Mickey Petit Bringing his Fringe Hit to NYC

ORLANDO — It was in May 2017 when Mickey Pettit, a veteran actor and singer in Central Florida, had one of his greatest artistic triumphs. In that month, he premiered his show Everything I Know I Learned From Ethel Merman at the Orlando International Fringe Theatre Festival.

it was a sell-out show that drew rave reviews and won the Patron’s Pick award. Now, six years later, Ethel is back — with a one night only performance in the Big Apple.

“This is a kind of completely reconstructed version,” Mickey said. It opens on Tuesday, June 27 at 54 Below, a popular supper club at 254 W. 54th St. in NYC.

“I am frightened and more excited than I probably have ever been in my entire life,” Mickey said. “New York City is my place, I love it. Every performer’s dream is to perform in New York City.”

What is this Show About Ethel Merman?

Mickey, a veteran performer at Sleuth’s Mystery Dinner Shows, created Everything I Need to Know I Learned From Ethel Merman as a 60-minute musical extravaganza that pays tribute to the Broadway and film legend. But it was far more than a simple tribute performance.

The one-man-show was highly autobiographical, spotlighting Mickey’s recollections about what it was like growing up gay in a Pentecostal household in the Bible Belt. His saviors became community theater, an old record player, and the vinyl recordings of Broadway’s greatest diva.
In the years since he performed at Fringe, Mickey noted that the show has continued to evolve.

“This is our first real huge out of town tryout in the new format,” he said. “The first time I did the show at Orlando Fringe, it was kind of therapeutic, how I pushed through the bad family and bad relationship with the bad mother, and it’s turned into this show about how I learned to cope with love. It went from being ‘Hey, I hate my family so here’s theater,’ to ‘Ethel taught me how to love myself and recognize love.’ “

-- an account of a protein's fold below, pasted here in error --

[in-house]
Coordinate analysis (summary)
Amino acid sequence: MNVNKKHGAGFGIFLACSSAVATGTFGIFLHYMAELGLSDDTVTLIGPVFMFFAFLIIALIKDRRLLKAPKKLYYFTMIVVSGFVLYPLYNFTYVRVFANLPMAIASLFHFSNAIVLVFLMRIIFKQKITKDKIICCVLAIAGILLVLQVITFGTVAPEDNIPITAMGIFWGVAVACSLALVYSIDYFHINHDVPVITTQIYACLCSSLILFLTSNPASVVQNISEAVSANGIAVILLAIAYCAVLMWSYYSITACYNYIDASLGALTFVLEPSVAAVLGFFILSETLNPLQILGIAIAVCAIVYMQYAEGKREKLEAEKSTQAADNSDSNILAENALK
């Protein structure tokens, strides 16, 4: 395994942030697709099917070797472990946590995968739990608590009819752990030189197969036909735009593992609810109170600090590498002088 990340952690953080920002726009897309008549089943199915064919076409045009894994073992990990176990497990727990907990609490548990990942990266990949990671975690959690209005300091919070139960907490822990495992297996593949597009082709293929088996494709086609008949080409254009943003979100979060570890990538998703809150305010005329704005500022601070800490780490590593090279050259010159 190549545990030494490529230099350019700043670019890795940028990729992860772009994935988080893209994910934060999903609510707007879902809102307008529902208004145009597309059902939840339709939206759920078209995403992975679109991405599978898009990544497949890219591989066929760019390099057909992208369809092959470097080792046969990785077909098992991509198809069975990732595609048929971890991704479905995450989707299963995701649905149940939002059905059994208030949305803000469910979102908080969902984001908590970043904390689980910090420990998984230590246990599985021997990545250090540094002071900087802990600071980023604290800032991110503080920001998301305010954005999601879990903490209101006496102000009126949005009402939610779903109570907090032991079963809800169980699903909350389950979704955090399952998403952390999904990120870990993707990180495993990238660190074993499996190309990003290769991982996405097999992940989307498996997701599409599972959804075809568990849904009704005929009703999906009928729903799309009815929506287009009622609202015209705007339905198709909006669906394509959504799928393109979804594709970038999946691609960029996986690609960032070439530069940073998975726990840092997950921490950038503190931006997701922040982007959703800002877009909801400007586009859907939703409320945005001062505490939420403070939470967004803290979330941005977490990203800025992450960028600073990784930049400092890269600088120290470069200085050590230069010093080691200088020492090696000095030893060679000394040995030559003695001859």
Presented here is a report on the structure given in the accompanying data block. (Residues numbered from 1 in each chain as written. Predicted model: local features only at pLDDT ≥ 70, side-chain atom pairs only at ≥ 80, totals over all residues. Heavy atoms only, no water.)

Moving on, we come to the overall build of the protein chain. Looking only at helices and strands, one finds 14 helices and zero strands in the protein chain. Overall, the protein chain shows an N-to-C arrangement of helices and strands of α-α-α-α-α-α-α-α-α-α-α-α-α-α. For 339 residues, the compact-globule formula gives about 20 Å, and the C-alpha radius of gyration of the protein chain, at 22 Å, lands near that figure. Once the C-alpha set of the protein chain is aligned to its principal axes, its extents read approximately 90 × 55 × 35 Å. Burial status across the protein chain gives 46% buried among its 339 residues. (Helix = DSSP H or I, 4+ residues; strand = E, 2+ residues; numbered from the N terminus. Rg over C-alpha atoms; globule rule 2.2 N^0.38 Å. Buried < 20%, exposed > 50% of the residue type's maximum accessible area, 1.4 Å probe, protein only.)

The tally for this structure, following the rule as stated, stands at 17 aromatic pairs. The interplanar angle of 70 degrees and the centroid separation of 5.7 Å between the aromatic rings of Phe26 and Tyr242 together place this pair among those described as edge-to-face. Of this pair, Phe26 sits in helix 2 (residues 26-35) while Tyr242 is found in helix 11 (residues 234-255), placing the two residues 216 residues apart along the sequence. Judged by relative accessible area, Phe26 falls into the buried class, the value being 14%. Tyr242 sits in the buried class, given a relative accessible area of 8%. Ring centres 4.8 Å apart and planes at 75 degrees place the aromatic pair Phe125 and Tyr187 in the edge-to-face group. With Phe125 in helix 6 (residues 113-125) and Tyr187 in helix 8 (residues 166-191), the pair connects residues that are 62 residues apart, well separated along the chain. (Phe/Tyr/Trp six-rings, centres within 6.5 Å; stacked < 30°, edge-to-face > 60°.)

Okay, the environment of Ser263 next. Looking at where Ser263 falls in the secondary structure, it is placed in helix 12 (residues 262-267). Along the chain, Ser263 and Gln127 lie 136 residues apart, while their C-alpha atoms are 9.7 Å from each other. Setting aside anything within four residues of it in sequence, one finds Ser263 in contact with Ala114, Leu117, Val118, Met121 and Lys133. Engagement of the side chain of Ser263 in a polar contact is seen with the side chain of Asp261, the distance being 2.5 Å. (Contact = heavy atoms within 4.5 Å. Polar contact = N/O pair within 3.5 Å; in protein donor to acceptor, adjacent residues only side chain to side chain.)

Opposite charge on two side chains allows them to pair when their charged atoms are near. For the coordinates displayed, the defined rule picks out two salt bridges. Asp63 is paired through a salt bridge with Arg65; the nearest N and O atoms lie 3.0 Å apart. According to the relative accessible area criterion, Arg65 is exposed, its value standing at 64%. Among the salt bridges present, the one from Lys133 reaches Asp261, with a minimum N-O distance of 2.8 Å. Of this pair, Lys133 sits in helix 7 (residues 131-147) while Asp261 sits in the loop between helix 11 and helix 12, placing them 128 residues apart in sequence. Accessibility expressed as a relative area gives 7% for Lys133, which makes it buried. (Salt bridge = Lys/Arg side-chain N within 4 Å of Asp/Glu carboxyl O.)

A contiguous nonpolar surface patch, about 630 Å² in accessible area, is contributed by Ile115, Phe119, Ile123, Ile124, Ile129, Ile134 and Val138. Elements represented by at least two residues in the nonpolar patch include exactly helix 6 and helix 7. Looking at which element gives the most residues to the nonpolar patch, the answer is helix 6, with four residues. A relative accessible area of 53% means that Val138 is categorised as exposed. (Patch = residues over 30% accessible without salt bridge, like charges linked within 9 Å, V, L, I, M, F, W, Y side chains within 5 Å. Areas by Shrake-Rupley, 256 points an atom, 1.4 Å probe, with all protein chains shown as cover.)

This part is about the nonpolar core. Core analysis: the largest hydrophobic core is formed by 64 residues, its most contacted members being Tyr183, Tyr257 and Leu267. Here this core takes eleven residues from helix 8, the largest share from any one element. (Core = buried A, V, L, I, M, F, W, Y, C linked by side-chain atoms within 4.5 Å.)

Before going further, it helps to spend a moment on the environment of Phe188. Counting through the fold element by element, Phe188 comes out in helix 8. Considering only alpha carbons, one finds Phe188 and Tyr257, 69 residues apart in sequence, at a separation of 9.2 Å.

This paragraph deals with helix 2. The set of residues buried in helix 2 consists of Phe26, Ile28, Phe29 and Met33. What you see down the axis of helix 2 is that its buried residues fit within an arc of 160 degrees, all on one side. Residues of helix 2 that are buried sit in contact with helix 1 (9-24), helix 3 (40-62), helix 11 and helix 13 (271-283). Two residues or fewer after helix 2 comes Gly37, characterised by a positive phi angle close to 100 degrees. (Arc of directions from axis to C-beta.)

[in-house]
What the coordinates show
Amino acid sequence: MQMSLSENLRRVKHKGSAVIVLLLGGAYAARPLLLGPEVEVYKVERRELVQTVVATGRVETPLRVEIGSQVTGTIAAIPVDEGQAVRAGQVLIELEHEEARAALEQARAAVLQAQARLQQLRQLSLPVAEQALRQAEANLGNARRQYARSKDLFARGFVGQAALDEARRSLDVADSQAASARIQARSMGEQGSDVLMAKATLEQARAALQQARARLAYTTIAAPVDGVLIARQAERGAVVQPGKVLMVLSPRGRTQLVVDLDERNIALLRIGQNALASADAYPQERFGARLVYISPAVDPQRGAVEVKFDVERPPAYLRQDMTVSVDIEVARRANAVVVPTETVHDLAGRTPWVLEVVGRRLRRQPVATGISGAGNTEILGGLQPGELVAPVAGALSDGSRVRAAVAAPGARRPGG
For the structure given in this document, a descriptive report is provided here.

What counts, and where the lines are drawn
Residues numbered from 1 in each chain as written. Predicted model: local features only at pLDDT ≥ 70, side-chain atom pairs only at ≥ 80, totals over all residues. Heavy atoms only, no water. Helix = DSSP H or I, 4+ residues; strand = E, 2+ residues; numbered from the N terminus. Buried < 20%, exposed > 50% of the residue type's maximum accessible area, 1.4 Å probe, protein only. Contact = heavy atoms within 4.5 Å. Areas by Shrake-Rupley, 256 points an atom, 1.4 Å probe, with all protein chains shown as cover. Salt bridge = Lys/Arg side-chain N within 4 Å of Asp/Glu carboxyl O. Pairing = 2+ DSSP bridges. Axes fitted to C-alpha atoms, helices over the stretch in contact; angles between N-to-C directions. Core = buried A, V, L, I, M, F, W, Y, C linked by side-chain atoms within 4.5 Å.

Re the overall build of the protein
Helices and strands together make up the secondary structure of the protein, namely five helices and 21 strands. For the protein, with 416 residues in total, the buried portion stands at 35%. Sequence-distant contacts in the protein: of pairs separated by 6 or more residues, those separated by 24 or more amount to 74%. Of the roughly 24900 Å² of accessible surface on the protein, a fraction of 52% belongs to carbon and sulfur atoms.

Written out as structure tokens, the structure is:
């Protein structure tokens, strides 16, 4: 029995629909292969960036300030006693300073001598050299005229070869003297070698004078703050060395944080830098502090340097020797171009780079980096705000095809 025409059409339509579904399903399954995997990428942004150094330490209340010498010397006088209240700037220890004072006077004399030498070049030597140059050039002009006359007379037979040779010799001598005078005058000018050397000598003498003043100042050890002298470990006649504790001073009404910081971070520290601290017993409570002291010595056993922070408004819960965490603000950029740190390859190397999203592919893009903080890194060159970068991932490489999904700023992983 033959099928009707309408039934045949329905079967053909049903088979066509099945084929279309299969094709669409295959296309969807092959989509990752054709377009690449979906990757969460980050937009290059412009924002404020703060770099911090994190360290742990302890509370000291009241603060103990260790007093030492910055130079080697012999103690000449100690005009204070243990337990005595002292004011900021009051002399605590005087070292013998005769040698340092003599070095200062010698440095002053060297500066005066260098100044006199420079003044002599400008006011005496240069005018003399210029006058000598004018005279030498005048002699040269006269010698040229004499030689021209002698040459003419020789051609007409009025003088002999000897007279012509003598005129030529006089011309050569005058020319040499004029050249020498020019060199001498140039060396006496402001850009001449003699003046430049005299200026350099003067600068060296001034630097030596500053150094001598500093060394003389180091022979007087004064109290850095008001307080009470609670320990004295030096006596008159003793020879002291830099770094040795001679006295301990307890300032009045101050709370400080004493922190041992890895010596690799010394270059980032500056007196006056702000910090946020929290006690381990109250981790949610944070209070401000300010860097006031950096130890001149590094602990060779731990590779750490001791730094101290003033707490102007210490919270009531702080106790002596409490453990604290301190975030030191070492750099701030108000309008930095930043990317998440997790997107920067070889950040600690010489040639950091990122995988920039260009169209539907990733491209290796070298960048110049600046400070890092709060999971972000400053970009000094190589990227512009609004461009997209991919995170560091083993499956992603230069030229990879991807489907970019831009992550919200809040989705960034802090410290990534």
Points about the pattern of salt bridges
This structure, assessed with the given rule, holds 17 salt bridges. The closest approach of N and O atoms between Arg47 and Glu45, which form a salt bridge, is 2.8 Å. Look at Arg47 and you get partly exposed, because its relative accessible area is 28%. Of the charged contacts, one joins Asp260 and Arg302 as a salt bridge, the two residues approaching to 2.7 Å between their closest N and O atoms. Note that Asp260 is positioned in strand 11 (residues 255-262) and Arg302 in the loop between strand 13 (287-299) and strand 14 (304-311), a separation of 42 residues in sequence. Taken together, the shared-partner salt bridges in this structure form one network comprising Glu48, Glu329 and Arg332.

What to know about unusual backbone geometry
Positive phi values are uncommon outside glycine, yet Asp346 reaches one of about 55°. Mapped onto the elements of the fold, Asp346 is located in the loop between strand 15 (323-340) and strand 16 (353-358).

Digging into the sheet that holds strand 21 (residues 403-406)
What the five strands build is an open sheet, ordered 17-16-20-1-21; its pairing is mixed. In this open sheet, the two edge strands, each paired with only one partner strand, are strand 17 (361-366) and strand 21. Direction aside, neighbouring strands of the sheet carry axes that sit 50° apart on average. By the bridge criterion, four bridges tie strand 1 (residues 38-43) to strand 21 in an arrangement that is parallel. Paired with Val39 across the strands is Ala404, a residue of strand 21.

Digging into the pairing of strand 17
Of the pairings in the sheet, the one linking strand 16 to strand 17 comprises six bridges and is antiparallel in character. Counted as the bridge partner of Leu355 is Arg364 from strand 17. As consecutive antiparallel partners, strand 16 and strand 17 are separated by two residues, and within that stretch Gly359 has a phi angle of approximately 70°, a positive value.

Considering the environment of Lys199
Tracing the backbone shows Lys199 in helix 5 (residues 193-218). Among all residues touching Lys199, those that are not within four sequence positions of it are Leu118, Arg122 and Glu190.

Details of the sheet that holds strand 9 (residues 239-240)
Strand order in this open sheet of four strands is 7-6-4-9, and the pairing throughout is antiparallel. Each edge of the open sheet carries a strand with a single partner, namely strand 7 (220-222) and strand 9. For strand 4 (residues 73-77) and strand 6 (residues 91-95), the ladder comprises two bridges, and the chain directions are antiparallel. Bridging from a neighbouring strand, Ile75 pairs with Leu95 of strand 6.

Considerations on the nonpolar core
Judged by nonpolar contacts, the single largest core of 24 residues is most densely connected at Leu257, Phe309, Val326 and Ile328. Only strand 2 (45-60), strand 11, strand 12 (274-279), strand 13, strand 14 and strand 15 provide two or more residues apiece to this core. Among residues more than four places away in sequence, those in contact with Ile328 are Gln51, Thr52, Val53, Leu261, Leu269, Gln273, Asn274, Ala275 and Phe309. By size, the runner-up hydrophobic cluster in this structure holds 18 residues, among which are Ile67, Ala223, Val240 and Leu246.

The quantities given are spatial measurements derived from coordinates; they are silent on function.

After the original show was a smash at Fringe, Mickey took it on the road. But he had created the show years earlier.

“It had been sitting on my shelf for the better part of a decade,” he recalled. “It kind of just sat there and collected dust. Then when I got the chance to go to Fringe, I jumped at it.”

He also performed the show in Los Angeles and San Francisco, where he got a similarly strong and positive response.

“It was great, I had a lot of people tell me ‘This material helped me, I really related to it,’ ” he said.

The show continued to change as Mickey’s own life did. Bad relationships changed his outlook, and so did a happy marriage to his husband.

“This version is about healing from things, and how I thought we were love and we weren’t, and how to recognize love,” Mickey said. “The format has changed drastically. I realized the reason Ethel wasn’t done was I didn’t have my happy ending. Now I have that happy ending, and that’s why it feels so right. I finally understand, this is what love is supposed to be.

“Now it is myself and a musical and a microphone, and it’s more like a conversation with song than anything else.”

How Did The Show get Booked in NYC?

With his new format, Mickey decided to submit the show for consideration at 54 Below.

“It took three days to get back to me and they said ‘We think this is perfect for our venue, how can we make this happen,’ ” he said. “If it reviews well, they will bring you back for an encore in a couple of months.”

For tickets to the performance at 54 Below, click here.

Mickey said he still owes a huge debt of gratitude to Orlando Fringe for helping him launch the show in 2017. He noted that Fringe’s producer at the time, Michael Marinaccio, was a great booster of the show.

“Michael Marinaccio was a huge push for my show,” he said. “He talked it up. Every day he would come talk to me, give me a hug and let me know how ticket sales were going. He let me know we had won Patron’s Pick. That was a huge emotional moment for me.”

He also thanked Matt Palm, the theater critic for the Orlando Sentinel, whose review helped him understand how he could improve the show.

“If it weren’t for Fringe, Ethel wouldn’t have had a life,” he said. “That’s the great thing about Fringe. Fringe gives you that.”

Michael Freeman is an Orlando journalist, playwright, and author of the book A Christmas Eve Story. Contact him at Freelineorlando@gmail.com.

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